David Easteal: When we show the film in countries where English is a second language, we usually present it with English subtitles. It greatly assists people [in the audience], as they’re not able to see the mouths of the people speaking. So it’s just dialogue being spoken without the visual aid present if you see someone speak. And perhaps if there’s any difficulties with the Australian accent. For those two reasons we do put subtitles on when we’ve shown the film in Europe, Asia, or South America here [Mar Del Plata, Argentina].
Tone Madison: But otherwise, the subtitles or closed captions aren’t on?
David Easteal: When we show the film in Australia or in England or in the US—at the upcoming Cinematheque screening, I don’t believe it’ll have subtitles.
Tone Madison: Oh, interesting. I guess that nullifies my question. [laughs] I thought it was a universal thing or decision that you made for accessibility [because there’s so much dialogue] and for the reason you mention, in that you don’t see the mouths move—and it’s not a traditional shot structure.
I thought it was excellent. As someone who wants to be as attentive as possible and pick up on every word being said, and who’s looking away from the screen to take notes, subtitling is really beneficial.
David Easteal: I like that aspect to it as well. Accessibility is very important. It’s a dialogue with whoever is screening the film, but most of the time the desire is not to have the version with English subtitles. I’m not particularly forthright about [displaying] one version or the other. I put the option to whoever is organizing the screening, but I make it clear that we have a version with English subtitles.
Tone Madison: Well, thanks to whoever did the work on the subtitles for this very daunting film with so much dialogue over 179 minutes. [laughs] Just wanted to say their work is appreciated.
David Easteal: Oh, thank you. It was my work.
Tone Madison: [laughs] Oh, you did the whole thing? Thanks.
David Easteal: I did the English, but it’s been subtitled in other languages, too.
Tone Madison: My last question is just looking ahead to the future. Are you working on anything else right now? If you’re not, do you have plans or an idea of what you want to work on next that you’re able to share with us?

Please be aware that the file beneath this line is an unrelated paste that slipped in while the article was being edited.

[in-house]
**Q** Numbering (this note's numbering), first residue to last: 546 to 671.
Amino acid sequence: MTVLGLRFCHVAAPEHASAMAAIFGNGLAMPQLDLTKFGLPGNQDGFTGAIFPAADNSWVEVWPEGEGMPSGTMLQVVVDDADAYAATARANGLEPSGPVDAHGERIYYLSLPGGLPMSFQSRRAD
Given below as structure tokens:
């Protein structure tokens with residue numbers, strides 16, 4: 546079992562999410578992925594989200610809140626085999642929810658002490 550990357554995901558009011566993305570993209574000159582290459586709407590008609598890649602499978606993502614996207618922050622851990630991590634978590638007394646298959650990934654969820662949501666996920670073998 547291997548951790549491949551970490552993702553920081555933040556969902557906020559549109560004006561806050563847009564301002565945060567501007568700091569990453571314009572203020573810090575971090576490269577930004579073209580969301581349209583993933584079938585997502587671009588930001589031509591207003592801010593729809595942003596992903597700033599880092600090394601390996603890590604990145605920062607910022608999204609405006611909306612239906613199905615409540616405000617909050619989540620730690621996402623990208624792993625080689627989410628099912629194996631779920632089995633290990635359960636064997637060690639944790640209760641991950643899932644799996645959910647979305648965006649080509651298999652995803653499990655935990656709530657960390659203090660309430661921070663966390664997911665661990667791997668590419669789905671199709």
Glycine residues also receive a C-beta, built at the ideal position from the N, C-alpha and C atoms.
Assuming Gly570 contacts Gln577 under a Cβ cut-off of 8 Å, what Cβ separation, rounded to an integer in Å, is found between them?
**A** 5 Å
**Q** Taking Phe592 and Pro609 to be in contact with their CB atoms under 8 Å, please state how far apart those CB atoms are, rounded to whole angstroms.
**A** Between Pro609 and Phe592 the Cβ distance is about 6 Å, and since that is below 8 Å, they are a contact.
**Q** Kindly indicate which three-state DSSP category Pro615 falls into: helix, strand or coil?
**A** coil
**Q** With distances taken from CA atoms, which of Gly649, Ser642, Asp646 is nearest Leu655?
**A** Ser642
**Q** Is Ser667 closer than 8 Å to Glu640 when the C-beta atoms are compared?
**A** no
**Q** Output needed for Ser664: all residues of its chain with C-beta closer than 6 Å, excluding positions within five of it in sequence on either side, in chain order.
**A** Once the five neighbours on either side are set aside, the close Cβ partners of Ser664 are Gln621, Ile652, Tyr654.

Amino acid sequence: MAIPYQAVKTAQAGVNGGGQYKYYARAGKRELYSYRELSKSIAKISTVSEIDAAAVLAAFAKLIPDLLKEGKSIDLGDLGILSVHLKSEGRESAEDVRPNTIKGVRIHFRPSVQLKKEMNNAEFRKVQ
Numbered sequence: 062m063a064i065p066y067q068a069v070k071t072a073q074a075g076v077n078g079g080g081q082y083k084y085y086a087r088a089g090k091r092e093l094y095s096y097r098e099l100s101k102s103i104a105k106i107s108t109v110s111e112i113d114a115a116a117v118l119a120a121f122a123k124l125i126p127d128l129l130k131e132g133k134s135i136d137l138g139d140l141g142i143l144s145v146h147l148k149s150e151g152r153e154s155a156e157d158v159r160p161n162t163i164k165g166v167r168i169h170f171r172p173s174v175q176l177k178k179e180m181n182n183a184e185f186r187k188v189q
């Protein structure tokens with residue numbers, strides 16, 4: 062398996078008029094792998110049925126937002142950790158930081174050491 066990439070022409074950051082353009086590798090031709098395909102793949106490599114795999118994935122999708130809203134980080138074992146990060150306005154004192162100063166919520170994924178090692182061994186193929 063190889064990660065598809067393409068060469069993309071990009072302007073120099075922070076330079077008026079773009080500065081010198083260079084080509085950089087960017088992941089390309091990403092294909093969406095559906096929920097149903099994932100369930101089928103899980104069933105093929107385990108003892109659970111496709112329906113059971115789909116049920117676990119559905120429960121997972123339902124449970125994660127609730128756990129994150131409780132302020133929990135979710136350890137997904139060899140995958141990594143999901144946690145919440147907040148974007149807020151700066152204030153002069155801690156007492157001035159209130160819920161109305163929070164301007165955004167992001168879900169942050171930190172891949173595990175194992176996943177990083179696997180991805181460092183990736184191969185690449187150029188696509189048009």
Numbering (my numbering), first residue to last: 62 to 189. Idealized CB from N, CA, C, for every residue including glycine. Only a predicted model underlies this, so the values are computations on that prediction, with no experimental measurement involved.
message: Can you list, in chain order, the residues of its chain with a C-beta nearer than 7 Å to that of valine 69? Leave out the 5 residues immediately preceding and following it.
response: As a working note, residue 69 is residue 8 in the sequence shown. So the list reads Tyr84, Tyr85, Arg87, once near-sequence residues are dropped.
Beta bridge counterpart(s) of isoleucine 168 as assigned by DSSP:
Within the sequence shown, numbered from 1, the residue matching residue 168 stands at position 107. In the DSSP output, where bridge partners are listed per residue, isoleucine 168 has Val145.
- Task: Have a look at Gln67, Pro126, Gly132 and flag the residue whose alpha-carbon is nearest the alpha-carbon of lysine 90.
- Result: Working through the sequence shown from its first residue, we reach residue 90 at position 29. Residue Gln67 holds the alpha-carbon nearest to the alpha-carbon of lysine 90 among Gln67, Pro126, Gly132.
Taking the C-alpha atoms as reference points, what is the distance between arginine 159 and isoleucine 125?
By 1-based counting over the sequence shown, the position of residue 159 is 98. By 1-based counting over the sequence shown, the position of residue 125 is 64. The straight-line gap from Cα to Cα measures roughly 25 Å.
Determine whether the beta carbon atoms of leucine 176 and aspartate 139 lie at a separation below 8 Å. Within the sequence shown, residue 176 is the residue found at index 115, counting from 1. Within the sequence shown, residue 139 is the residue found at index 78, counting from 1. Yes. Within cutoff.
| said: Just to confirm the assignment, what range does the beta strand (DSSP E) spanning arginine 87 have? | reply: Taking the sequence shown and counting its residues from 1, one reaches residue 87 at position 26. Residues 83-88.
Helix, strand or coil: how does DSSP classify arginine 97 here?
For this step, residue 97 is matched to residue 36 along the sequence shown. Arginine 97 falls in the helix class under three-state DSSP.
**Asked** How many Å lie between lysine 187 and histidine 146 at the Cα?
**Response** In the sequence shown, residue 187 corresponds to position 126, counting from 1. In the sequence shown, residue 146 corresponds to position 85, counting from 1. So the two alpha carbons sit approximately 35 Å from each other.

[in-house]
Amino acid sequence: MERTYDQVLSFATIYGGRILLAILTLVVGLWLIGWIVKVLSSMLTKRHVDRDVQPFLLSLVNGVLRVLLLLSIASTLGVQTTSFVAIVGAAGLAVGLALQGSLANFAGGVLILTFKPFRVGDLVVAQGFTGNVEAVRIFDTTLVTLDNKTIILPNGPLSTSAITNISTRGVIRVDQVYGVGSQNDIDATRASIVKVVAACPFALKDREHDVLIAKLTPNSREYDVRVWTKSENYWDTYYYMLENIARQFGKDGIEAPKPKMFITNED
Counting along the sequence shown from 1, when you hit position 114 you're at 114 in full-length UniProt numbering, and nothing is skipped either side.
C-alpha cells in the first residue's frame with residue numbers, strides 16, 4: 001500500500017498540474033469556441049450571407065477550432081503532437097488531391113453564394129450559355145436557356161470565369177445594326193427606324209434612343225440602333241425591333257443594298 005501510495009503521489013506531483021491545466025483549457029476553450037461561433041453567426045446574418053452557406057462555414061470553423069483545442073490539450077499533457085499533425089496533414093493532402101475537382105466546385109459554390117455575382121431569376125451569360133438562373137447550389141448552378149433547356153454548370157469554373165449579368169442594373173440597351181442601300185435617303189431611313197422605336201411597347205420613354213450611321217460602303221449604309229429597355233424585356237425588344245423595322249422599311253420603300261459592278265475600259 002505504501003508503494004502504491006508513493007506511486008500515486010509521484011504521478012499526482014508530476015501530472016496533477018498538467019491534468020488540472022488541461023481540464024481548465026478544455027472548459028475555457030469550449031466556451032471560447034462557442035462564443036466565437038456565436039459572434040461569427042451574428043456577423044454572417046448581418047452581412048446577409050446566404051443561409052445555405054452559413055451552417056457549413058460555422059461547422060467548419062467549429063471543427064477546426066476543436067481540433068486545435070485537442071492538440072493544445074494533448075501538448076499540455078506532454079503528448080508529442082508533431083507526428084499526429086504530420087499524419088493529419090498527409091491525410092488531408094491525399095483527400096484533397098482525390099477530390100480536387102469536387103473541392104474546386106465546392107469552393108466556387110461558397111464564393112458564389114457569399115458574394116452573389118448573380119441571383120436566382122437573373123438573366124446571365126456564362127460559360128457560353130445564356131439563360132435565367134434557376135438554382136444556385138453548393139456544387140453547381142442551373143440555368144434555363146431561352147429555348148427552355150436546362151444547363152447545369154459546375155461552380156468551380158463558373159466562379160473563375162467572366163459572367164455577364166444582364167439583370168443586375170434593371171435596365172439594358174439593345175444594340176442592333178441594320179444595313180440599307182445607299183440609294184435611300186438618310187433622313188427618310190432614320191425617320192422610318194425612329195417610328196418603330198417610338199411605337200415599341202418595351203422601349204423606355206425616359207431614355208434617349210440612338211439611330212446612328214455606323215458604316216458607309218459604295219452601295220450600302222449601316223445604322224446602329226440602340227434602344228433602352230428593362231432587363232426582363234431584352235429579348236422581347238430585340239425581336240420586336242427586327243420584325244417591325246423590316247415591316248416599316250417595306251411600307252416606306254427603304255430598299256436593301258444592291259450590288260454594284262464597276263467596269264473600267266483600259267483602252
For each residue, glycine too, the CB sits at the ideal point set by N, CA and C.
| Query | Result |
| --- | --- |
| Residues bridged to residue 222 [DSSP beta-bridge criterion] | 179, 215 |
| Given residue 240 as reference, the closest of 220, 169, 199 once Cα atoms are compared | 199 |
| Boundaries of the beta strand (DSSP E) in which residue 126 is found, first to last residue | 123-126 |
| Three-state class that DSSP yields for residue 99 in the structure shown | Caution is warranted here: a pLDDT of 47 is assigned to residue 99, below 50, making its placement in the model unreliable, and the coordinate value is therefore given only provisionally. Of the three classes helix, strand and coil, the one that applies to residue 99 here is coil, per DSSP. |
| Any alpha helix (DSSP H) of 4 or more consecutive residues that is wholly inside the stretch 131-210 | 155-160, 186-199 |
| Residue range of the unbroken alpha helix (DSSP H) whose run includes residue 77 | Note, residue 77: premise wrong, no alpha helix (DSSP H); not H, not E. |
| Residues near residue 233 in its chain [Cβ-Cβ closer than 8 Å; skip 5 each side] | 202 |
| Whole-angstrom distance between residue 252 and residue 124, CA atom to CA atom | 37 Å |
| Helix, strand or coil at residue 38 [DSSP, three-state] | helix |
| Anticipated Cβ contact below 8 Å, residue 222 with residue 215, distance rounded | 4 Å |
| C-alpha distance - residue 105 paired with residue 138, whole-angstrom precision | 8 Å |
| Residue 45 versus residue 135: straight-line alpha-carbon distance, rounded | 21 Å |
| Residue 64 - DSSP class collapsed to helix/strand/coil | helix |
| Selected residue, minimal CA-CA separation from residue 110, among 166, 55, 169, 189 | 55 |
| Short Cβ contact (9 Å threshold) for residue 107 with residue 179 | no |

David Easteal: I don’t really have any details to share. But I am back in a sort of writing phase and thinking about new projects. This is now starting to wind down, so I’m looking forward to having much more time. But it’s been a very busy year, releasing the film and traveling, which I will be for another month. And then I’ll put my attention towards a new project.
Tone Madison: Do you think you’ll stick to—what you imagine working on, is it a drastically different idea than what you’ve done with The Plains, or do you want to do something somewhat similar?
David Easteal: In many respects, what we did in The Plains was quite idiosyncratic. It was a method which was created for this specific project. But also for other reasons, like necessity. I didn’t have a budget or funding, so it was sort of having to figure out a new way of working. But it was a way of working that I really loved. I would like to keep working in such a way and explore this process further. At the moment, I’m not thinking of anything too drastically different.
I’m quite glad you found the viewing of the film invigorating, I think you said in the first question. It really was for me, [making the film]. And so I have a desire to push forward with this way of working.
The difficulty, of course, is that it’s very consuming. I mean, there was no way I could’ve turned up to funding bodies in Australia and said, “I have no script, no actors, and I have this vague concept that’s going to be shot over 12 months. And it’s probably going to be much longer than two hours.” [laughs] No one would’ve given anyone money, and probably rightfully so. Not that I was working alone. I had collaborators. But yeah, I guess there are sort of pros and cons to working in such a way. [This particular project permitted it, and it provided an opportunity to make the film with complete artistic freedom.]
Tone Madison: But it’s distinctively your own modus operandi.
David Easteal: Well, I don’t mind doing a lot of the work as well. I really love all the processes of making films, particularly the edit and shooting in this way. But it can be draining. Maybe figuring something out in-between might be good.